The Paroikos Bible Blog exists as a resource to those interested in Biblical studies and Koine Greek. It is hoped that this blog will simultaneously provide food-for-thought to the reader while pointing him or her in the direction of valuable resources, both in print and on the internet, that will further help his or her studies in the Word.

Feb 17, 2018

Did Markus Barth anticipate the NPP in his Ephesians commentary?

[Warning: much of what is posted here is a bit of an over-simplification, but space precludes a fair treatment of all of the issues involved in the NPP!]

In the New Testament Intro seminary class that I teach, we spend a significant amount of time discussing the New Perspective on Paul (NPP). My take is mostly negative, i.e., I disagree with most of what the NPP brings to the table (I was there for the 2010 ETS debate in Atlanta and, in my humble but opinionated opinion, the best response to N. T. Wright's take on the NPP and his view of justification is the address delivered by Thomas R. Schreiner, revised and published here)

However, having said that, there are a couple places where I believe the NPP is correct. For example, the NPP rightly showed us that Judaism in the Second Temple period was, at the least quite often, a "religion of grace" (dear reader, please take a look at the "Prayer of Manasseh" sometime--it's an absolutely beautiful plea for forgiveness hinging on nothing more than the pure grace of God!)   In other words, to say that Judaism, as an entity, was legalistic is to build a straw man (now, the NPP does swing the pendulum too far to the other side, because some of Second Temple literature [e.g., Tobit 12:9; Mishnah Avot 3:16] did give us the sort of "works-righteousness" that Paul [Eph 2:8-9; Titus 3:5] and the Reformers opposed).

To reiterate, then: the NPP is at its strongest when it is pointing out that we should not build a "strawman" that characterizes all of 2nd Temple Judaism as legalistic/works-righteousness-oriented.

So, imagine my surprise when, while reading Markus Barth's magisterial Anchor Bible commentary on Ephesians, vol. 1, page 248 (Garden City, NY: Doubleday, 1974), a book which predates Sanders' Paul and Palestinian Judaism (generally considered to mark the beginning of the NPP) by three years, I found the following statement by M. Barth:

"Therefore, it is misleading (and probably nothing less than slanderous) to consider 'justification by works of law' a doctrine that is distinctly and typically Jewish and basically maintained by all Jews. Jews are not, as it were by definition, Pelagians. Augustine's and Luther's deep insights into Paul's doctrine of grace and the successful use they respectively made of Paul's anti-'Judaistic' utterances when condemning Pelagius and medieval concepts of meritorious works have led Paul's interpreters to a caricature of 'the Jews' which is not supported by historical and literary evidence. 'The Jews,' including the early Judaeo-Christian congregation, have been falsely accused of representing a doctrine of salvation in opposition to Paul's. If Paul really intended to strike at the Jews in the polemical excursus of Eph 2:8-9, it is inconceivable that he could speak as positively of the reconciliation of Israel and the Gentiles as he does in 1:11-14; 2:11-22; 3:6." (emphasis added)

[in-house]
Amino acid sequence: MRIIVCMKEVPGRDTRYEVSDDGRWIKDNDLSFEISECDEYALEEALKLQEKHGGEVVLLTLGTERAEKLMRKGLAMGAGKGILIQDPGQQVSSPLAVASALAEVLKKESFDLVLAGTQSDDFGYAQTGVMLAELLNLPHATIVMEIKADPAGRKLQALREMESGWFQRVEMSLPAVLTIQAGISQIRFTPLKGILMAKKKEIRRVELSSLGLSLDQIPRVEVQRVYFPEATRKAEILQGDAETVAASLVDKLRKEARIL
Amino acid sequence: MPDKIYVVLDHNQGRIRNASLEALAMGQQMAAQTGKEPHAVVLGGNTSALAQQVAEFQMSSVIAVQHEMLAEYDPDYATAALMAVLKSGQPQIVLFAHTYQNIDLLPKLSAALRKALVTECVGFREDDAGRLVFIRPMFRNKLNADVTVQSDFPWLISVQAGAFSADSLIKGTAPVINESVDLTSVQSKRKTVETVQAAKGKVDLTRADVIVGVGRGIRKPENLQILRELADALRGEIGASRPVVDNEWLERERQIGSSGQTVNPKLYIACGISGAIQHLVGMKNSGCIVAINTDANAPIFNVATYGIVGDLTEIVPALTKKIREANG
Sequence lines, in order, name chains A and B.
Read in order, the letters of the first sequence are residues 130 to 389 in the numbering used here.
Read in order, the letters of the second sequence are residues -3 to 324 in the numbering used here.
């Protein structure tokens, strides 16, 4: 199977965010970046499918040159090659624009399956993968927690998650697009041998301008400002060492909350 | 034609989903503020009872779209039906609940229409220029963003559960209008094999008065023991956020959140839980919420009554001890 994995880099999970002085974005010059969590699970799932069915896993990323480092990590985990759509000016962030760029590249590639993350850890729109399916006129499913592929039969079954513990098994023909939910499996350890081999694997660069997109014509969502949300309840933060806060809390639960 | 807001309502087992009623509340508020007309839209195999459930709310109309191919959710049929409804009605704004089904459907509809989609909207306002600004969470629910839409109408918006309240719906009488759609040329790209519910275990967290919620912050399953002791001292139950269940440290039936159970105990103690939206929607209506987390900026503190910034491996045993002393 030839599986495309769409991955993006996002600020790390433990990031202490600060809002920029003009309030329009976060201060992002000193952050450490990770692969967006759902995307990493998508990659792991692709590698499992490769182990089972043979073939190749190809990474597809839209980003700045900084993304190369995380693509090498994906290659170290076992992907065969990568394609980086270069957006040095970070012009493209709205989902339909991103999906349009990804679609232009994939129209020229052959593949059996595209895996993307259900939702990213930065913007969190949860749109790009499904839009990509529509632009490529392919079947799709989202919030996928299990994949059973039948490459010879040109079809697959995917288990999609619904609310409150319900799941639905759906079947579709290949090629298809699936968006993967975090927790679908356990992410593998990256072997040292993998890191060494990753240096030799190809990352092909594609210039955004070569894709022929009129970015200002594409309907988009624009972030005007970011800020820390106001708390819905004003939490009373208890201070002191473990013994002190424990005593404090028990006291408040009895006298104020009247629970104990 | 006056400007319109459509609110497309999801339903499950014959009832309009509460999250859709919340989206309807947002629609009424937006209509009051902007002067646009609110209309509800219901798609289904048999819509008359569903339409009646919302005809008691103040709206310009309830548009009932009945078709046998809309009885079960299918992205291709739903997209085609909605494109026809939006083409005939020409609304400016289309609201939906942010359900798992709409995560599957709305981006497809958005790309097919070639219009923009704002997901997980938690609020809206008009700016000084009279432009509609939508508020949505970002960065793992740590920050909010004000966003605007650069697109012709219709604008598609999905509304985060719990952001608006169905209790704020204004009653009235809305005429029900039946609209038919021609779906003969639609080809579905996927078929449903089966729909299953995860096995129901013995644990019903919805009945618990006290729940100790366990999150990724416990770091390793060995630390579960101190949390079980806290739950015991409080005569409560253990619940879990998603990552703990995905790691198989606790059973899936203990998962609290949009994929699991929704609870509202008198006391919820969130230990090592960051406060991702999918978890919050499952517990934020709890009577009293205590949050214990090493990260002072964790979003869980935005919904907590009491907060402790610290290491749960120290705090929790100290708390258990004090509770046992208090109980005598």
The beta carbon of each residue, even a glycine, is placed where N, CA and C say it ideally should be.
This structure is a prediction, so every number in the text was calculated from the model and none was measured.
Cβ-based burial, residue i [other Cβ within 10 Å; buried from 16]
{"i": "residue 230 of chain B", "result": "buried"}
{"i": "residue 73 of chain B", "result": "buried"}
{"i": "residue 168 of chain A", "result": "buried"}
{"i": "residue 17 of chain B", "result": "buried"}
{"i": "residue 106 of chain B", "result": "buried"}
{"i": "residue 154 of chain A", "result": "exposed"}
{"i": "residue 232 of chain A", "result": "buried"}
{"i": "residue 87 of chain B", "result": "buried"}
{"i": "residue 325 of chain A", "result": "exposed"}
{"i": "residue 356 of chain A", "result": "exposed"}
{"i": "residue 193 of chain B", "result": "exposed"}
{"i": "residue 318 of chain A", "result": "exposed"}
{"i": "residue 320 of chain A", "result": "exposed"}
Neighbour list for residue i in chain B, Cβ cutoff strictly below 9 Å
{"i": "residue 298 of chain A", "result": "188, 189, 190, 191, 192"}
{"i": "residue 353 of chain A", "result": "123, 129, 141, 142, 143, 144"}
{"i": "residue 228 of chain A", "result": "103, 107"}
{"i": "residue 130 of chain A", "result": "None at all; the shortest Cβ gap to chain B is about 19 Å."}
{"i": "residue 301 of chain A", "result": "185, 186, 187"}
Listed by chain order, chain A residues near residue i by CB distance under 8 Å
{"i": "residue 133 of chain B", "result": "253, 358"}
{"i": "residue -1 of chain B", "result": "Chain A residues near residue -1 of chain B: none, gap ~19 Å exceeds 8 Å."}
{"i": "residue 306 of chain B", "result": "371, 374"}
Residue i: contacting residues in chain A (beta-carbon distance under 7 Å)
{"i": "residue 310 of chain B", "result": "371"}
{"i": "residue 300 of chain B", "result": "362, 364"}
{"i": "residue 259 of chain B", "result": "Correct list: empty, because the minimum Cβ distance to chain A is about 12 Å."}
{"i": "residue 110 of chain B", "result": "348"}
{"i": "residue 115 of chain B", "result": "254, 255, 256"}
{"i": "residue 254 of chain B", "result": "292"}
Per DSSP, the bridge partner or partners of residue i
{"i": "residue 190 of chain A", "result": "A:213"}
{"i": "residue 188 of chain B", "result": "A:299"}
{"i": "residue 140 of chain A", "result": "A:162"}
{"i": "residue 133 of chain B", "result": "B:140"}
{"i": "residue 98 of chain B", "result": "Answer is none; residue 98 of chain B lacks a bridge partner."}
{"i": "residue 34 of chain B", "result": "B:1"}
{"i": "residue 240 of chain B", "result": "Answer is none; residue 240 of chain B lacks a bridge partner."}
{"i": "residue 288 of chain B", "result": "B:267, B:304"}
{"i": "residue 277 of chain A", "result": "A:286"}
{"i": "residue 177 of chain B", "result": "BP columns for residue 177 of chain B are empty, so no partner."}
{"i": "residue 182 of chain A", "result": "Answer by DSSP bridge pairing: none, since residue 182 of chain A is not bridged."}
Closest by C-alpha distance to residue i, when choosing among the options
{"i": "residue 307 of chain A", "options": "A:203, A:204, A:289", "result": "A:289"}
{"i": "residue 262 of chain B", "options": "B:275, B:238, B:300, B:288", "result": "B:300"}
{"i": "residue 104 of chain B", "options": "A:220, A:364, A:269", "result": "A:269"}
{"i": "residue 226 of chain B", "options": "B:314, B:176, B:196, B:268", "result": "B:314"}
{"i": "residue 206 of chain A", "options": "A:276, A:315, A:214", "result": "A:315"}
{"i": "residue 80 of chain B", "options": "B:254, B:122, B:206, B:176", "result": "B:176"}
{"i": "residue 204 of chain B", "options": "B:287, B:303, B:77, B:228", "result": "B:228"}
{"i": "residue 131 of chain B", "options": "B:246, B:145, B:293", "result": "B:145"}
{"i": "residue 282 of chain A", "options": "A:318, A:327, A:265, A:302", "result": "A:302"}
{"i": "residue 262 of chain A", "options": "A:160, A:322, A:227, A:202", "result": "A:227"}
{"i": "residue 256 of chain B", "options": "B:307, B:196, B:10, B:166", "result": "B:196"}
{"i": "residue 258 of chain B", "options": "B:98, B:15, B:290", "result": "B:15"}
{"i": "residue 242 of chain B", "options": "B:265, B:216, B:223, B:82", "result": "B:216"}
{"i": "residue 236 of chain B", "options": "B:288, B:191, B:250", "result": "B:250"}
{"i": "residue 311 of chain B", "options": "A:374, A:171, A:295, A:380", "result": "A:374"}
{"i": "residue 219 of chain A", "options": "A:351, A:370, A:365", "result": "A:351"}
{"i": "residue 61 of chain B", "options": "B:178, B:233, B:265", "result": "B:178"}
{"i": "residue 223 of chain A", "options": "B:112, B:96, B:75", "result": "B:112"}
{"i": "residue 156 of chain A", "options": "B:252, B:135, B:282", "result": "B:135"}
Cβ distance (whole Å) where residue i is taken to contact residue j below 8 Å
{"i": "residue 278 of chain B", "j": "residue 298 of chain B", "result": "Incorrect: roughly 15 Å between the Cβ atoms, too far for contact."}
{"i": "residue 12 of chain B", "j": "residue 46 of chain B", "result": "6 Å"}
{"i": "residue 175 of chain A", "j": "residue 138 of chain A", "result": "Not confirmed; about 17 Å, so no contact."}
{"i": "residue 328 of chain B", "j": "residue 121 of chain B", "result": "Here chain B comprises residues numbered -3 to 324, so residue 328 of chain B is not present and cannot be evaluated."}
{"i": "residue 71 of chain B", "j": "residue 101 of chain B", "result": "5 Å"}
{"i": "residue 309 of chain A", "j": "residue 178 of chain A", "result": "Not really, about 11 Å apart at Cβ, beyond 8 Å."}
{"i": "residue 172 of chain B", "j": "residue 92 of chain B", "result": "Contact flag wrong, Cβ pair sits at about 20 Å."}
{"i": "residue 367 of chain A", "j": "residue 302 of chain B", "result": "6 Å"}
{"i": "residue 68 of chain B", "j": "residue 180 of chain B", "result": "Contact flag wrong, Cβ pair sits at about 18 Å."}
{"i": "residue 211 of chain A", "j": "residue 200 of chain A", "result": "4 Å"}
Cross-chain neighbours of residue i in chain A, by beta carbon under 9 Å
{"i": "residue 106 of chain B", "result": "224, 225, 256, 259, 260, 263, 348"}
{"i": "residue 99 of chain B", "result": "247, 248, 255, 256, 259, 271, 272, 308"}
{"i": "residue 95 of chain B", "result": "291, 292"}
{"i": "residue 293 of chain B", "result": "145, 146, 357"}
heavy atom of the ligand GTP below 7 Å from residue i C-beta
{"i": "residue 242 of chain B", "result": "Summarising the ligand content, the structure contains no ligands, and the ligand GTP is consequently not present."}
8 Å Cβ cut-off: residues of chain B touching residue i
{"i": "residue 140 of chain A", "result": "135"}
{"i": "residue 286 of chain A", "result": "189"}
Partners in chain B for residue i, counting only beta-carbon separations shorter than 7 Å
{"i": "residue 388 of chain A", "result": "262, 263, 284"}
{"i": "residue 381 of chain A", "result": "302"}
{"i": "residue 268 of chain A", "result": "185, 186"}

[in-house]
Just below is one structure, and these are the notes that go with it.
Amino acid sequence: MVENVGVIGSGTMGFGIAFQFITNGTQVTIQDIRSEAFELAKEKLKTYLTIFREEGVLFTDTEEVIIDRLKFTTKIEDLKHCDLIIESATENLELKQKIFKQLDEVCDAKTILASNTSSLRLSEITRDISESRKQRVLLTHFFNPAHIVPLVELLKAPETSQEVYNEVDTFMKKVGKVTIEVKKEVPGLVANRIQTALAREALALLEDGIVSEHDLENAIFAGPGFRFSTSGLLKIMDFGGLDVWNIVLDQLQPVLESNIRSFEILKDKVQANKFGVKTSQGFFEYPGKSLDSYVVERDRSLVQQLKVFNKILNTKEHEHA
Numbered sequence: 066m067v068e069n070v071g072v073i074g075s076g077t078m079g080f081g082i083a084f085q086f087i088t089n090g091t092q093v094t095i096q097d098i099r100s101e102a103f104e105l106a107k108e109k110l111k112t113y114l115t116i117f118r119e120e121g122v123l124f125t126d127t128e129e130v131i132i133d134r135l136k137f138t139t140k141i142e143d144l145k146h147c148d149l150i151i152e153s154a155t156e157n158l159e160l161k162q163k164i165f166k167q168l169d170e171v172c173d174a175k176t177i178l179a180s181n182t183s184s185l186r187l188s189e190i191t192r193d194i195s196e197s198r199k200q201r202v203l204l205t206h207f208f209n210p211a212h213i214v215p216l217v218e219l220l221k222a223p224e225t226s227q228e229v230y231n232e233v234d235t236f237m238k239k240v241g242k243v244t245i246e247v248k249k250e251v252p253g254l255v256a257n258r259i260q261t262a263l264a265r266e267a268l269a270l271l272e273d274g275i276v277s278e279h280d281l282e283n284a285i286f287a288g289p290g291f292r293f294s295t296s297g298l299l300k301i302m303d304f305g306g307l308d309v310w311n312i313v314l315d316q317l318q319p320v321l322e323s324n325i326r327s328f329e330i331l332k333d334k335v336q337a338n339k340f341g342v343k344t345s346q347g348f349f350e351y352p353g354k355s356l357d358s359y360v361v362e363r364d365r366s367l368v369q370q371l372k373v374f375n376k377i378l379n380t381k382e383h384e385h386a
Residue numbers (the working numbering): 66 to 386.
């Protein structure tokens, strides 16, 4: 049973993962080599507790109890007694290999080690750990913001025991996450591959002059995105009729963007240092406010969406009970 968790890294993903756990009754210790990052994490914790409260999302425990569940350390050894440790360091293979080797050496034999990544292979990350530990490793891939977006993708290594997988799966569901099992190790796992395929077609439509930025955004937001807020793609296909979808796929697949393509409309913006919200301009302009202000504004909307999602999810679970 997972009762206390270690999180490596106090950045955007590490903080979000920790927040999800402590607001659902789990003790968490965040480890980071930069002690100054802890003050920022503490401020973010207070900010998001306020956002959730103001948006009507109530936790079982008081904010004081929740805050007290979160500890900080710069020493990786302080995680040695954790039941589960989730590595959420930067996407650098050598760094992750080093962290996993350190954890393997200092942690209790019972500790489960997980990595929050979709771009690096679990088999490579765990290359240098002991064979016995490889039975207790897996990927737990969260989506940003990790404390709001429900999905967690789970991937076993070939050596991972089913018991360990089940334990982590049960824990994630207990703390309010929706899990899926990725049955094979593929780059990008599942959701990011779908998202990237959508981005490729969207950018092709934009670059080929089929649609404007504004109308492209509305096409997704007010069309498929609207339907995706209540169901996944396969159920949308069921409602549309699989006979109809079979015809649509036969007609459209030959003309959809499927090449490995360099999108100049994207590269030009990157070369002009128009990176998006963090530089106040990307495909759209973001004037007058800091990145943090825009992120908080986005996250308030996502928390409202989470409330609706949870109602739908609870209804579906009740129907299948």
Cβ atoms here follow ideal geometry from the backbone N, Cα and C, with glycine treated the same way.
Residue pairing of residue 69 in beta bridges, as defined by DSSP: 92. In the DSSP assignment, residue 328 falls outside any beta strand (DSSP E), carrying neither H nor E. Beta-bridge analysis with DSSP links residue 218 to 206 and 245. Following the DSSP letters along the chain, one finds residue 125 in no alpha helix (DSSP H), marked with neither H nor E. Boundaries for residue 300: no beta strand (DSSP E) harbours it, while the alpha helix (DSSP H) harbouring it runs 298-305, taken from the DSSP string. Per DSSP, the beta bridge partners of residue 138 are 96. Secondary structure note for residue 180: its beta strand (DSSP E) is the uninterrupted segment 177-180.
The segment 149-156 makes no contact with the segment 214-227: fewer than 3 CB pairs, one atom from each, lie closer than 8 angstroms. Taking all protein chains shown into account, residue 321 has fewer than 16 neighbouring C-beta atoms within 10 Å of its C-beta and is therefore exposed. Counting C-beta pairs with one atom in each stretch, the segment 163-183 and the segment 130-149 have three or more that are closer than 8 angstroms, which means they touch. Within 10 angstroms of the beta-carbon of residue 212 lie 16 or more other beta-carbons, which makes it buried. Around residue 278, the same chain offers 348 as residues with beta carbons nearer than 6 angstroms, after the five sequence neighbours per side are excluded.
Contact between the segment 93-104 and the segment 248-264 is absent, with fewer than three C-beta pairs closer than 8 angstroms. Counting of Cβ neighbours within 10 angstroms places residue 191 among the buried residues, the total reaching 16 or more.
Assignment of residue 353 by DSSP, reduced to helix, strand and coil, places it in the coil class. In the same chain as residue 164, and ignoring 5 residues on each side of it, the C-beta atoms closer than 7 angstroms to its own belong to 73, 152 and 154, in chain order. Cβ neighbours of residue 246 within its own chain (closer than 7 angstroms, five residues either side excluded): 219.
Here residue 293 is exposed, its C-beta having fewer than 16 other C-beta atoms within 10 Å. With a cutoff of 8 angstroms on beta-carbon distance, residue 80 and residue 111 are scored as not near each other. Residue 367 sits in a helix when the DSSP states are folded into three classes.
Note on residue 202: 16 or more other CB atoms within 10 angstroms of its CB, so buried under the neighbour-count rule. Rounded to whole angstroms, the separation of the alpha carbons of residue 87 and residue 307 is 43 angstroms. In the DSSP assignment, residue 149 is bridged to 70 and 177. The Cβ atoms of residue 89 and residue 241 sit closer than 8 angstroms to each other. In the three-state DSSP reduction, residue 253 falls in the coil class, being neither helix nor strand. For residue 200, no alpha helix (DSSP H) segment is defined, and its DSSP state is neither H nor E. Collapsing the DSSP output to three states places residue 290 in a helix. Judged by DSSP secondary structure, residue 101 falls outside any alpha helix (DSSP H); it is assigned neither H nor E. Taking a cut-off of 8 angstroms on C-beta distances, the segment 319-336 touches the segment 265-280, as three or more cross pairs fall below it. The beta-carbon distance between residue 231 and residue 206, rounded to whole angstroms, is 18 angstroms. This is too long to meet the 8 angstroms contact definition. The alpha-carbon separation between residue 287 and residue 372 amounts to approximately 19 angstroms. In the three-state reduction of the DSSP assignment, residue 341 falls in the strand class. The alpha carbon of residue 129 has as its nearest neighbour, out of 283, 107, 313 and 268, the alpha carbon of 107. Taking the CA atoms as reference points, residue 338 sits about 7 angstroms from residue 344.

Now, in so far as this paragraph goes, it is golden, and represents the strongest point of the NPP, even before the NPP truly began: "Jews are not, as it were by definition, Pelagians." Markus Barth's words should warn us not to broad-brush an entire group so carelessly, especially when the NT writers themselves were (almost all) Jewish. Interestingly, on page 248 Barth cites the Tübingen School (e.g., F. C. Baur) as representing the school of thought that sees "all Jews (except Jesus and Paul) guilty of the teaching repudiated by Paul." To the extent that the NPP is pushing back against that, I believe the NPP is correct (though as I noted above they swing the pendulum too far to the other side sometimes!) Also, for the record, I disagree with Barth's view that "works" in Eph 2:9 is"works of the Law" like in Galatians (p. 244). Surely a generic "works," without contextual qualifiers, is broader than "works of the Law"! But I digress.

On a closing note: I have a much higher opinion of Markus Barth than his father Karl Barth. Markus' message to us about a husband's duty in Ephesians 5 is something his father, apparently, did not always live up to (i.e., as we see in the recently translated correspondence). Also, Markus Barth's Acquittal by Resurrection remains one of my favorite books, as it absolutely demolishes the  idea that one can be truly Christian without the historical resurrection of Jesus Christ.

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